The lifetime allowance reduction announced in the March 2015 Budget will go ahead. So, there will be a drop from £1.25m to £1m from 6 April 2016. The Summer Budget Statement confirms that there will be new fund protection options introduced to allow those with funds in excess of this limit to protect the greater amount held. There is also
confirmation that the Finance Act 2016 will include indexation of the lifetime allowance in line with CPI from 6 April 2018.
To pay for the reforms to inheritance tax (covered below), there will be a reduced annual allowance from 6 April 2016 for those with ‘adjusted annual incomes’ including pension contributions of over £150,000. Adjusted annual income includes taxable earnings and all pension contributions, but doesn’t include charitable contributions.
The reduction will work by tapering with a £1 reduction in the annual allowance for every £2 of adjusted income above £150,000. So, someone with adjusted income of £180,000 will have an annual allowance of £25,000 and anyone with adjusted income above £210,000 would have an annual allowance of £10,000. If an individual’s net income (excluding pension contributions) is no more than £110,000 then they will not normally be subject to the tapered annual allowance.
Pension input periods
In an unexpected move, that has immediate effect, the government is aligning all pension input periods with the tax year. All pension input periods already open will end
8 July 2015. The next pension input period, the end date of which can’t be changed by a pension scheme member or provider, will then start on 9 July 2015 and end on 5
April 2016. All subsequent pension input periods will then run in line with tax years and can’t be varied. Complex transitional arrangements will be introduced to ensure that
individuals who made pension savings before the Summer Budget will not be disadvantaged. The government’s longer term goal appears to abolish pension input periods altogether.
Pensions tax relief
The government has launched a Green Paper – ‘Strengthening the incentive to save: a consultation on pensions tax relief’ – consulting on whether there is a case for
reforming pensions tax relief to strengthen incentives to save. Possible outcomes could range from radical reforms, such as bringing pensions taxation into line with ISA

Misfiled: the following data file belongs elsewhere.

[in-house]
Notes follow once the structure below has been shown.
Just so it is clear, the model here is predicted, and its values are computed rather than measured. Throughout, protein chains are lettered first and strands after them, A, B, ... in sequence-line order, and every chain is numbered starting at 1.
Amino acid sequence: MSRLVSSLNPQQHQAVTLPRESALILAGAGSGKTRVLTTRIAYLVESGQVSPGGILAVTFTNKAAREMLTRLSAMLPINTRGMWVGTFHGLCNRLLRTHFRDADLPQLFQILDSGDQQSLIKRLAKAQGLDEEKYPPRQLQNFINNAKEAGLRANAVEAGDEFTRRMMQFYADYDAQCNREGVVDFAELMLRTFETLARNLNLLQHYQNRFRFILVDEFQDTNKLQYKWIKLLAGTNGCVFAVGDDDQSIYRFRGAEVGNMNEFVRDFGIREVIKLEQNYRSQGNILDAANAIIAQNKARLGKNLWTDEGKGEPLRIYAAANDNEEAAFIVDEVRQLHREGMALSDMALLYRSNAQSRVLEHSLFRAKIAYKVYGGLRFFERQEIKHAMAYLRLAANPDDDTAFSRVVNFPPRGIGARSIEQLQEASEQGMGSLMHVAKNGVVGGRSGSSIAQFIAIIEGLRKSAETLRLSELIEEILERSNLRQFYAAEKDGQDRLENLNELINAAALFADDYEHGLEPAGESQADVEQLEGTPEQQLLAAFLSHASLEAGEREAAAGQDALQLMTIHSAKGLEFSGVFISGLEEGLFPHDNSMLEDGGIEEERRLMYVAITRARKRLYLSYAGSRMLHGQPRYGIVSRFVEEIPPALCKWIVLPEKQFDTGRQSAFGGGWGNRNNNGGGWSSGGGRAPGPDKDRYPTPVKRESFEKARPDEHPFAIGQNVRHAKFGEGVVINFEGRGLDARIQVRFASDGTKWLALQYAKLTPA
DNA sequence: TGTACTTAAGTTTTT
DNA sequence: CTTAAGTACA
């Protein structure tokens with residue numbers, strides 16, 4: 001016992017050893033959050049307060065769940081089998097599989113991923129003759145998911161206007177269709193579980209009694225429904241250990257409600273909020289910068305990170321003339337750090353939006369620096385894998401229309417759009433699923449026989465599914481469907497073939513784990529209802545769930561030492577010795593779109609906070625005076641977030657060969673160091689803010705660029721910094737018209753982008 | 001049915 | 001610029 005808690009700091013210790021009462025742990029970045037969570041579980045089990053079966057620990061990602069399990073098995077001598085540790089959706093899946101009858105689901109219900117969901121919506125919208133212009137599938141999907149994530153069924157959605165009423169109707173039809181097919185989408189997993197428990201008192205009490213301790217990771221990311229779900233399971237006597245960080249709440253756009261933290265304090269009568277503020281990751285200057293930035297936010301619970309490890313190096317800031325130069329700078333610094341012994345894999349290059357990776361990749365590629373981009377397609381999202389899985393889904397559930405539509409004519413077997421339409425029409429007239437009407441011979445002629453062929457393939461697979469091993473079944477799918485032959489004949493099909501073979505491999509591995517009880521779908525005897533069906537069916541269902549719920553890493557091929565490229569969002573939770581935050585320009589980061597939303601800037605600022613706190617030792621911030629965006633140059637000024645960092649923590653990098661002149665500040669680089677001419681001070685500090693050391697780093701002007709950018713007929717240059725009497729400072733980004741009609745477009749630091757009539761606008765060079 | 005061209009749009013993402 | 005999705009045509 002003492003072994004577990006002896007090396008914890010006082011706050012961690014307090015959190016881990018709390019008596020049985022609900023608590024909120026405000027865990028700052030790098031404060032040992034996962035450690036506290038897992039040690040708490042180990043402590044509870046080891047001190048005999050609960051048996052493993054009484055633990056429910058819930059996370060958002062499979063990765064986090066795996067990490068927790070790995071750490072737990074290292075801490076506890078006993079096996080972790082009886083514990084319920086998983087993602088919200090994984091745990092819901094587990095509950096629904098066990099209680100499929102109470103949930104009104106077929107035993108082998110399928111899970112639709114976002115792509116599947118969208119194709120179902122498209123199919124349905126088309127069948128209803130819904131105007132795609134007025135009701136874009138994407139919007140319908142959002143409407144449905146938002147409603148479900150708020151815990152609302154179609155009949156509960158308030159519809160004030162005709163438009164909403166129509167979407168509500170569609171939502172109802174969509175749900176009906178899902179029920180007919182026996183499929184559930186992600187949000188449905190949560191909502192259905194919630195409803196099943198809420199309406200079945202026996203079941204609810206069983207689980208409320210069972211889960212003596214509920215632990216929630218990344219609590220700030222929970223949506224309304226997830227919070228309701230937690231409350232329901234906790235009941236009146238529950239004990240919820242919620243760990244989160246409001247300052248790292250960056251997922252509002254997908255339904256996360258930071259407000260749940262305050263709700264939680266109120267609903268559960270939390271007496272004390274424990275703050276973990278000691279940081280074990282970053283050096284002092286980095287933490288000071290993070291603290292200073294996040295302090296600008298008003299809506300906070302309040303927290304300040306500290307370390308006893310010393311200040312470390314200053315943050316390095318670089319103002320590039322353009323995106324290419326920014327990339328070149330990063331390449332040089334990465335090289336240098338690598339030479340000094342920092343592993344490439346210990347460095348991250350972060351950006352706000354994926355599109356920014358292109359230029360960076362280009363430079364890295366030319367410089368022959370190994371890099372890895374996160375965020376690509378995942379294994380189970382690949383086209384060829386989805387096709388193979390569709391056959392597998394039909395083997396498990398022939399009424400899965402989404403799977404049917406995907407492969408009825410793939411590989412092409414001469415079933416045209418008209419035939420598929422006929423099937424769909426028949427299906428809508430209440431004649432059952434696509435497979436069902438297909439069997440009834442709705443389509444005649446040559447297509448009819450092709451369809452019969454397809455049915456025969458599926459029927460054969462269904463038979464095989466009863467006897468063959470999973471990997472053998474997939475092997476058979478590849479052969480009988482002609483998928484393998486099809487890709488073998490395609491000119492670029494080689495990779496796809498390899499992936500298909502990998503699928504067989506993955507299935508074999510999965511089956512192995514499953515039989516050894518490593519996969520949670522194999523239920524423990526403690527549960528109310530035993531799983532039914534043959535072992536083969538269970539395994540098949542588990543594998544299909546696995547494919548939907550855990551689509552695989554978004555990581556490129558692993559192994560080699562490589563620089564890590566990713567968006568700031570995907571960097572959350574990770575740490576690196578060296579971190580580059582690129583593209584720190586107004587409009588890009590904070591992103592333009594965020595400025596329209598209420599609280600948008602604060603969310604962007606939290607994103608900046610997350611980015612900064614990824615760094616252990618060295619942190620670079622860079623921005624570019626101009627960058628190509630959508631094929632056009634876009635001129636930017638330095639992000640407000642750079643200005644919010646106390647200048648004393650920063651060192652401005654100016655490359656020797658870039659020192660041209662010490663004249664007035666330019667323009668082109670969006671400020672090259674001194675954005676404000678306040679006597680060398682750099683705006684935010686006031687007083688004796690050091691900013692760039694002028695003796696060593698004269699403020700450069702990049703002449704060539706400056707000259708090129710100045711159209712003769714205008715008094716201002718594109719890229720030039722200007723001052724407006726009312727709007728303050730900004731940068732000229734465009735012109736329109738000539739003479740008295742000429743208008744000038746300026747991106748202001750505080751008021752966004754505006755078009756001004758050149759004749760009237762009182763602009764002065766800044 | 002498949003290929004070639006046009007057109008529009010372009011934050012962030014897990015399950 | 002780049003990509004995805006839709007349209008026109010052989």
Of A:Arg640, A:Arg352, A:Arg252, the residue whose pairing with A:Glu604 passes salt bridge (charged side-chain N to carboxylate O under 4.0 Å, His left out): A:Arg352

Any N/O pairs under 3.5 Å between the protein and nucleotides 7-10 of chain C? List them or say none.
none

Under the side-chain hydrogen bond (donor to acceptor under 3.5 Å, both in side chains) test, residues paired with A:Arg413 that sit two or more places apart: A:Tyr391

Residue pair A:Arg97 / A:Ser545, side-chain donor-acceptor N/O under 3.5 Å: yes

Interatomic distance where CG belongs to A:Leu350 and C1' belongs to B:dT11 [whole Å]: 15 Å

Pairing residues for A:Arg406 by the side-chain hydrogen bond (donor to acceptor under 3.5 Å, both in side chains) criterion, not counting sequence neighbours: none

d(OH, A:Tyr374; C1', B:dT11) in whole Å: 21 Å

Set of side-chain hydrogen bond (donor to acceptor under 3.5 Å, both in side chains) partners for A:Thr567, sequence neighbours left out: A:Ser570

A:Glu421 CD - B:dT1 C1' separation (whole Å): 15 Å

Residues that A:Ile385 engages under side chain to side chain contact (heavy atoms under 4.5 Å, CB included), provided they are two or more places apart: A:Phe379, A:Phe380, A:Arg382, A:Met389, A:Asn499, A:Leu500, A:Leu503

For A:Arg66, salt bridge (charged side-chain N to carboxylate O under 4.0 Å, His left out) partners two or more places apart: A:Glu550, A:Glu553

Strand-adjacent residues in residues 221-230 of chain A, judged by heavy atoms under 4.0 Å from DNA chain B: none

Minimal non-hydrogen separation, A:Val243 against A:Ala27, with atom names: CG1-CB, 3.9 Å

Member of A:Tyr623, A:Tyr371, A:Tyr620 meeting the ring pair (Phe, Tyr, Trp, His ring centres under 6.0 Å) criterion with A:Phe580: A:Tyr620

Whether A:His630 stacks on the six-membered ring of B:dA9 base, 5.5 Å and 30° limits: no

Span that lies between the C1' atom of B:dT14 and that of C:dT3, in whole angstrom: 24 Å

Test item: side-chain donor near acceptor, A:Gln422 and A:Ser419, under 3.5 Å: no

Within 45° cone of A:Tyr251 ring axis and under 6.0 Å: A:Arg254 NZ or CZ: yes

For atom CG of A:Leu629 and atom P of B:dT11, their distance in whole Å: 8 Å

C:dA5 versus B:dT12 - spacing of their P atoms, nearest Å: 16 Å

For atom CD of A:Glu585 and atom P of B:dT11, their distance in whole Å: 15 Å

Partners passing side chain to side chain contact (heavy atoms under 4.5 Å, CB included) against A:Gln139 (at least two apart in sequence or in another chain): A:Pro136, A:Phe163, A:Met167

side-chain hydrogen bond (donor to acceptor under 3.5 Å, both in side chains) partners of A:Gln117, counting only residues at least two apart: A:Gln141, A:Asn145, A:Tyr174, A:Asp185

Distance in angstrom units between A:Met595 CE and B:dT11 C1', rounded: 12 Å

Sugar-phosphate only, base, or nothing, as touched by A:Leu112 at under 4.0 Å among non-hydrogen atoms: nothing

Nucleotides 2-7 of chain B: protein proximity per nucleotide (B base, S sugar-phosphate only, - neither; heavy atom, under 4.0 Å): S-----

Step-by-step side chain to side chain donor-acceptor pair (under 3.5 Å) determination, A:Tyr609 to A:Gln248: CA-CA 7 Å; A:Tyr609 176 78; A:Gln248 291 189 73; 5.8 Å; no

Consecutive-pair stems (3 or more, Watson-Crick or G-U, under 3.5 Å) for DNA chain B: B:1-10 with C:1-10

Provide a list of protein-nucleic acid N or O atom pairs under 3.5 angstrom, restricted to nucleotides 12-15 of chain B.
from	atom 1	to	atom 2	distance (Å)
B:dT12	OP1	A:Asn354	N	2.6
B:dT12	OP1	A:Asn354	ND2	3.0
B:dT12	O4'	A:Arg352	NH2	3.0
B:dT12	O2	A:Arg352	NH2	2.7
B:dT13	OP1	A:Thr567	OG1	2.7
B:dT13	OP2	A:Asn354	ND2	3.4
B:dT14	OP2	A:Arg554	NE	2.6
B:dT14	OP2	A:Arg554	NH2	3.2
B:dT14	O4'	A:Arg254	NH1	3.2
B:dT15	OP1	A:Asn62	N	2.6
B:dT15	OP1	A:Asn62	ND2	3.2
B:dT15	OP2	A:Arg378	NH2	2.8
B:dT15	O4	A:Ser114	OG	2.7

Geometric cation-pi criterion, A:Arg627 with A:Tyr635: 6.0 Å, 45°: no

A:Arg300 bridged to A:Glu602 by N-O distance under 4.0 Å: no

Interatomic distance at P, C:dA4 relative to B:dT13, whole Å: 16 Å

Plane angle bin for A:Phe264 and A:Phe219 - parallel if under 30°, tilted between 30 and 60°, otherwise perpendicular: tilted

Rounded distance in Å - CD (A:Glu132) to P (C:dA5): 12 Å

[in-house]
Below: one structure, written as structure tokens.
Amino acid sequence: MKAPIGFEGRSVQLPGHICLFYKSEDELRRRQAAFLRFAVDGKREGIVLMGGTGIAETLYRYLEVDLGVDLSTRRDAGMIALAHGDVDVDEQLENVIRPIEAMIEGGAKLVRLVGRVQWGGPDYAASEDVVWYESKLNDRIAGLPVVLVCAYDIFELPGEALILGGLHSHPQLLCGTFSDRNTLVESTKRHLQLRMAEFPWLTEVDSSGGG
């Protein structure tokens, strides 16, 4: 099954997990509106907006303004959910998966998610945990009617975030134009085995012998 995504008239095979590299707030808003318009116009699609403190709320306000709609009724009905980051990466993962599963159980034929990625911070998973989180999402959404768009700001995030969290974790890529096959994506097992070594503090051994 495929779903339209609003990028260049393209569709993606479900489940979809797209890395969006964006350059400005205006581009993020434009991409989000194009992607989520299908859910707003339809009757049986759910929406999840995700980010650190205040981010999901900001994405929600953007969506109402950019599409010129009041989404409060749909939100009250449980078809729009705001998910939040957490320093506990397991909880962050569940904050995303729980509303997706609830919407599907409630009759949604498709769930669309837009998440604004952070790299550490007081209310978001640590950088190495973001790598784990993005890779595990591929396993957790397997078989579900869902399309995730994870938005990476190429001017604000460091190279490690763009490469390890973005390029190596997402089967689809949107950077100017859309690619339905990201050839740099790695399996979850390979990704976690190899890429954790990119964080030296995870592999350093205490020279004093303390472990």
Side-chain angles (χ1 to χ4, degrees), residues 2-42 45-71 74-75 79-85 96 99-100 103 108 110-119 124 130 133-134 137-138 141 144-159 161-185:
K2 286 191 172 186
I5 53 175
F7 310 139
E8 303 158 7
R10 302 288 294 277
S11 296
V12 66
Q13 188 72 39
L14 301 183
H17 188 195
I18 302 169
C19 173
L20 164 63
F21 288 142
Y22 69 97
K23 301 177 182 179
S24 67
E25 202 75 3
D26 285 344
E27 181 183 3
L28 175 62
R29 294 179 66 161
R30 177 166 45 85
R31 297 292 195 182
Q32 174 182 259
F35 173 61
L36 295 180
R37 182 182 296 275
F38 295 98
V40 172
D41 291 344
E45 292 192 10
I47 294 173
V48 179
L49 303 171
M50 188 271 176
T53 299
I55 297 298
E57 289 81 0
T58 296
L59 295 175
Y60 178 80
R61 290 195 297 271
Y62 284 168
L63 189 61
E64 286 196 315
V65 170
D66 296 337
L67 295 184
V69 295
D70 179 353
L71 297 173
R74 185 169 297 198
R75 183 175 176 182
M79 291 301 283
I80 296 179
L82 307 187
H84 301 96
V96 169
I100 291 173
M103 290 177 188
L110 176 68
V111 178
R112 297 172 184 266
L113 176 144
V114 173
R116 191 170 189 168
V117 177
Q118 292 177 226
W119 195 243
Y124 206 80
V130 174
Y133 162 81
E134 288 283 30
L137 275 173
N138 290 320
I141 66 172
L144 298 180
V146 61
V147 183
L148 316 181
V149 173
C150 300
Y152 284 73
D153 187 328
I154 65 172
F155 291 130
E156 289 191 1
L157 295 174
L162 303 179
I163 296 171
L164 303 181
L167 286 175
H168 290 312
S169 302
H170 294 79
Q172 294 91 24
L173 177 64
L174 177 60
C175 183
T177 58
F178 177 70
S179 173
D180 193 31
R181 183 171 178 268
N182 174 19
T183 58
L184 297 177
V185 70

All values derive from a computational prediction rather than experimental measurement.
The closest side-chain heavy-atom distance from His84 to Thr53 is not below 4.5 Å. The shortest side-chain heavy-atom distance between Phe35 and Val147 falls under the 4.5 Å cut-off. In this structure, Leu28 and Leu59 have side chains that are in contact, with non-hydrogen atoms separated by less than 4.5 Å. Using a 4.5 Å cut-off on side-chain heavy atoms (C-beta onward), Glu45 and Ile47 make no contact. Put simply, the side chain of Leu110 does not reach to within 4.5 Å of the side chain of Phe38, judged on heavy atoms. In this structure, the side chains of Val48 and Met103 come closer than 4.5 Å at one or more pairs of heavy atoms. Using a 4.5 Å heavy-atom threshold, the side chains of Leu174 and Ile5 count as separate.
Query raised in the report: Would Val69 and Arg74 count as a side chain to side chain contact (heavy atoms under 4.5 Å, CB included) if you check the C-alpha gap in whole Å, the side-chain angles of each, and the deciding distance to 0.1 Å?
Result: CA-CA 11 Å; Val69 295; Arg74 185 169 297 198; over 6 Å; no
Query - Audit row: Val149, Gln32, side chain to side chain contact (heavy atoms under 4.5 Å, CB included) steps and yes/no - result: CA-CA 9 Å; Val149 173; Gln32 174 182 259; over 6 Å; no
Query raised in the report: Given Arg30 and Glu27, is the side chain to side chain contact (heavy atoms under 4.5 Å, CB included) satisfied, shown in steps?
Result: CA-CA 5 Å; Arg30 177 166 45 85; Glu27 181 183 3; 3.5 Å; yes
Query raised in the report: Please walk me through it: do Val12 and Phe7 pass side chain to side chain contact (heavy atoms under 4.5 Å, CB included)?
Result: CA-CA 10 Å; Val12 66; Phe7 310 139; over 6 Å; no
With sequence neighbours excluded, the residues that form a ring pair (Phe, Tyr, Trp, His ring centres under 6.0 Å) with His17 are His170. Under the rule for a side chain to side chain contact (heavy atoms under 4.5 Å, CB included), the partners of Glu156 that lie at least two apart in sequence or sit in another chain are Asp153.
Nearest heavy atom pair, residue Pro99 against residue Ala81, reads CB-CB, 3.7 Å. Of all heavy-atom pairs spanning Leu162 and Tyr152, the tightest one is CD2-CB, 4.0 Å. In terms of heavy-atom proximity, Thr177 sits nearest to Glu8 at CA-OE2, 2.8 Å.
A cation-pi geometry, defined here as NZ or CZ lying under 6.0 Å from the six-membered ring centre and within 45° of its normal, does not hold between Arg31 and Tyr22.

taxation (the ‘taxed, exempt, exempt’ structure) to keeping the status quo.
Taxation of death benefits
From 6 April 2016 taxable lump sum death benefits payable to a beneficiary who is an individual will be subject to tax at the recipient’s marginal rate of income tax (currently
taxed at 45% if paid in tax year 2015/16). Where the recipient of the lump sum is not an individual, for example a trust or a company, the 45% charge will continue to apply.
Transfers and early exit penalties
The government also wants to ensure that people can access the new pension flexibility options easily and at a reasonable cost. They intend to consult during the
summer on options to make the process of transferring pensions from one scheme to another quicker and smoother. This will include reference to excessive early exit
penalties with the government stating that if there is evidence of such penalties, they will consider imposing a legislative cap on these charges for those aged 55 and above.
We may also see a relaxation on transfer rules relating to protected tax-free lump sums and protected pension ages.
Although rumoured beforehand, there are no changes being made to the operation of salary sacrifice arrangements. The government have noted, though, that such
arrangements are becoming more popular and the cost to the taxpayer is rising. As a result, they intend to actively monitor the growth of salary sacrifice schemes that
reduce employment taxes and their effect on tax receipts.
According to government figures, 85,000 people have taken advantage of the new pension flexibility options that were introduced from 6 April 2015. To coincide with the
new flexibility options, Pension Wise was launched to allow consumers to access free, high quality guidance on their choices. The government is intending to extend access
to the service to those aged 50 and above and will launch a nationwide marketing campaign for help further raise awareness of the service.
Secondary annuity market